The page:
In 1490, Leonardo da Vinci sketched the outline of a stepless, continually variable transmission, but it was never built. Fast forward some 500 years, when realtor-turned-inventor Donald Miller looked, after a bit of research, to da Vinci's idea, and came up with a continuously variable transmission (CVT) suitable for use in a bicycle hub. He christened the system the "NuVinci," and founded Fallbrook Technologies to explore its applications in cycling and beyond.
In 2007, Popular Science told you about the first bike to use Fallbrook Technologies' original NuVinci n171 hub, the Ellsworth Ride, which made the Best of What's New list. That bike had a significant downside, namely price — the cruiser that came in at a cool $3,000; $4000 with another modern convenience, Gates' lubrication-free Carbon Drive belt system, in place of a traditional chain (which works sort of like a single-speed bike--the hub does the work of translating that single gear into other ratios). While pricey everyday bikes have become somewhat more commonplace since then, the Ellsworth's price meant it had little chance of meeting Miller's original goal of making it easier for more people to get out on the road on two wheels.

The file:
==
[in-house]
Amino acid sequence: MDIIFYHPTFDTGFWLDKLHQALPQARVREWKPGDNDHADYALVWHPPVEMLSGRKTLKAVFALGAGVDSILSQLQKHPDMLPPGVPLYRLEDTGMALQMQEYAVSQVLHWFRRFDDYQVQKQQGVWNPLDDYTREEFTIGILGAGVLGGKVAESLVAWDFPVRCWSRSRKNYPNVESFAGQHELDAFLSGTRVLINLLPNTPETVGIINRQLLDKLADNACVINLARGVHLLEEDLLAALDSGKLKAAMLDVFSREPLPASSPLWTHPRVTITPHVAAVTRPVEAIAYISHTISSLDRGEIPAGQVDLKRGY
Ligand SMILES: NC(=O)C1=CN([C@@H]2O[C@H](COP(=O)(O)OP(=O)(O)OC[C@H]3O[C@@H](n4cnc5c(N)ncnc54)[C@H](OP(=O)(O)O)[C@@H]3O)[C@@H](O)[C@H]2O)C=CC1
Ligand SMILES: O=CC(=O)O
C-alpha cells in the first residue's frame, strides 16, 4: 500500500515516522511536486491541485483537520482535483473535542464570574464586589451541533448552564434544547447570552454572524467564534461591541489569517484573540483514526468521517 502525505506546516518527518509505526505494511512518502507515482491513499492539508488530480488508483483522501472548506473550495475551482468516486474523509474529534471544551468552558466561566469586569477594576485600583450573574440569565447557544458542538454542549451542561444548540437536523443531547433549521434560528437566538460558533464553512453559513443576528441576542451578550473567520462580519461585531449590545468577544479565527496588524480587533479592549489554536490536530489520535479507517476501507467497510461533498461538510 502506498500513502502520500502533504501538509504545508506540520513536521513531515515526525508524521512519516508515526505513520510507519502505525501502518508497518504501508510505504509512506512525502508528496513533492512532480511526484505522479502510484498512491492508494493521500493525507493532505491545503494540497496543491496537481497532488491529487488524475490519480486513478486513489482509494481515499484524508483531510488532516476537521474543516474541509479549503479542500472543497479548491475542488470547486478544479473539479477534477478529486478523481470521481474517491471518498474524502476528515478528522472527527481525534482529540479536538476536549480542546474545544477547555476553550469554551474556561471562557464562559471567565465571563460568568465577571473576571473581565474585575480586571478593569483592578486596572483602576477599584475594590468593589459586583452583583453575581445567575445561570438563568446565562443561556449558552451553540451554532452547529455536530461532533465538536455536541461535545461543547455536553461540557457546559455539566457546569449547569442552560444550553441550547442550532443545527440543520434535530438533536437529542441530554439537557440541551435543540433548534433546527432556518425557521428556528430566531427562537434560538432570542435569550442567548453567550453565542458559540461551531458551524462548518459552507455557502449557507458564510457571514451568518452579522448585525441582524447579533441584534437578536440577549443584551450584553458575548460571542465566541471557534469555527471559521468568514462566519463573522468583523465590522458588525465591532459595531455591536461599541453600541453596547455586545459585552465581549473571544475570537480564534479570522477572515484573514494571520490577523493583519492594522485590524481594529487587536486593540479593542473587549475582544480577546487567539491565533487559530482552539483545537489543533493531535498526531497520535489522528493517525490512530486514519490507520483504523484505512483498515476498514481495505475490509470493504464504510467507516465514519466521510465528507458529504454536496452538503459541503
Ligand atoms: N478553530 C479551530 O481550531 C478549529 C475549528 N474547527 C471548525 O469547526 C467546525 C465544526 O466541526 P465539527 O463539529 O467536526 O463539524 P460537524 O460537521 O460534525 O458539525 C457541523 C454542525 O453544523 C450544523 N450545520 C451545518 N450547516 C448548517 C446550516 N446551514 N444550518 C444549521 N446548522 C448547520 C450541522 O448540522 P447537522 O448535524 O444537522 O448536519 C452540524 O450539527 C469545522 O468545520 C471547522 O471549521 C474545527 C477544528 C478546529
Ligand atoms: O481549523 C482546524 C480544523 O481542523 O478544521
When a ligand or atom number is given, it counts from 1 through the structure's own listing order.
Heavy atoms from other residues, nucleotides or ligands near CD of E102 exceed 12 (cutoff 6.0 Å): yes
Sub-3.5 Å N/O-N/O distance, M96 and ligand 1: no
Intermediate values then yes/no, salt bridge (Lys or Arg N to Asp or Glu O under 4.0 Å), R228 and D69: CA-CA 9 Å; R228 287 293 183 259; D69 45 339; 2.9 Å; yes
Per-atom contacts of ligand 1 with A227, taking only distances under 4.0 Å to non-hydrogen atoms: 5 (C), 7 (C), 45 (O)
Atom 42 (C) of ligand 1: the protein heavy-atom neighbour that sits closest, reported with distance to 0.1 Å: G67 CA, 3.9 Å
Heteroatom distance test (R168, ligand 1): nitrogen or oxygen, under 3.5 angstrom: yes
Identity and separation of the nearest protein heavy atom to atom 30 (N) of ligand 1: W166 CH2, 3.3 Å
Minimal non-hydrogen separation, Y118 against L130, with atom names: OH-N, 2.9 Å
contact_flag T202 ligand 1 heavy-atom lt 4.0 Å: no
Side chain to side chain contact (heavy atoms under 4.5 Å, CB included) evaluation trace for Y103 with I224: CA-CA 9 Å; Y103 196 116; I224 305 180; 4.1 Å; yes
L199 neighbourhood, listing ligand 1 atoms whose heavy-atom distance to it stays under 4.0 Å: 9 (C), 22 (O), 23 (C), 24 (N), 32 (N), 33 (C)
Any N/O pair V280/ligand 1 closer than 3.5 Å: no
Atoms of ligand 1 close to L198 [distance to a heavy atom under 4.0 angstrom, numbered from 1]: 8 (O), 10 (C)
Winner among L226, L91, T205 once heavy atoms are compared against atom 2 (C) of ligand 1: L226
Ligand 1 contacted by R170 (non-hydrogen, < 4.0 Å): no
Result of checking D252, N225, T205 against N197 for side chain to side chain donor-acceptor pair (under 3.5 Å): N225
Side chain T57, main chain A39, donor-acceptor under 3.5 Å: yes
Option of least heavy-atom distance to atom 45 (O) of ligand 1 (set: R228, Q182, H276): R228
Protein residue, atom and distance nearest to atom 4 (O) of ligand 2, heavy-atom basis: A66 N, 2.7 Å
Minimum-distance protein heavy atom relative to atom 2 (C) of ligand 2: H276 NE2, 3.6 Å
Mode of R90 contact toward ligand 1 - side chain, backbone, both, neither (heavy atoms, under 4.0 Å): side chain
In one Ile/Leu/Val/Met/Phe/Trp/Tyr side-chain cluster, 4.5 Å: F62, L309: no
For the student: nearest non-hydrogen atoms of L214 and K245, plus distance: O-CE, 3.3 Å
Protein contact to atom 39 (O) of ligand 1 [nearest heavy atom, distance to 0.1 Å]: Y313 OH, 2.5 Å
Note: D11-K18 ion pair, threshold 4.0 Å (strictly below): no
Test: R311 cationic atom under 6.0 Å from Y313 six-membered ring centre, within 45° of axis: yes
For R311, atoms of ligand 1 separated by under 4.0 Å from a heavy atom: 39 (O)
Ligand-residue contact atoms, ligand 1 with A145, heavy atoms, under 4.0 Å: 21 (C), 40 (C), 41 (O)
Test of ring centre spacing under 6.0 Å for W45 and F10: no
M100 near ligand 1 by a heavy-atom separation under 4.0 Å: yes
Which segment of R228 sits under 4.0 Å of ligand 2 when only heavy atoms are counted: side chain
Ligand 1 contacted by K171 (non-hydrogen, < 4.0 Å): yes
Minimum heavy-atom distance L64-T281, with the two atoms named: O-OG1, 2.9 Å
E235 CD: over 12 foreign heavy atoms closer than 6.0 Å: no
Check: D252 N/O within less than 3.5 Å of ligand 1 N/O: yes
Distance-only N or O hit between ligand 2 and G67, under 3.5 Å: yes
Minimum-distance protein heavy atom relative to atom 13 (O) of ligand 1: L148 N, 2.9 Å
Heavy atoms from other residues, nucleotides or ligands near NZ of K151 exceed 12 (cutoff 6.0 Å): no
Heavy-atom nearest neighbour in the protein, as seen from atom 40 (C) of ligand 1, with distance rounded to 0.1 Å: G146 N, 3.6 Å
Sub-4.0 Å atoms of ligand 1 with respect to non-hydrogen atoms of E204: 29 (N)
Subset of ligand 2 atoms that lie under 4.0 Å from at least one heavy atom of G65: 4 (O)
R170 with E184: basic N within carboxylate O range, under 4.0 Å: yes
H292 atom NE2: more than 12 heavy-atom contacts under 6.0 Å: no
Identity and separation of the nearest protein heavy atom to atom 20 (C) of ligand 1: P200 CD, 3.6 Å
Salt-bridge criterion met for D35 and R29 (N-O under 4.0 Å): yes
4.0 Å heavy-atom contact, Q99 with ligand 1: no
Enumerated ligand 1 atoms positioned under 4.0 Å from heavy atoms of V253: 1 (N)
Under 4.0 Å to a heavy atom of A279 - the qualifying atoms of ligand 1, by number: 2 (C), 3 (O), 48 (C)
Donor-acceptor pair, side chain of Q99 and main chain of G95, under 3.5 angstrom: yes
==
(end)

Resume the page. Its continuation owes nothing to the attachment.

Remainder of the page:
But things have changed quite a bit over the last five years. The NuVinci's latest iteration, the N360, shaves several pounds off of the original design, and made mounting the hub on a wide variety of bikes a whole lot easier. Al Nordin, president of Fallbrook's bicycle group, told me that 50 manufacturers around the world have adopted the NuVinci, using it in some 90 models.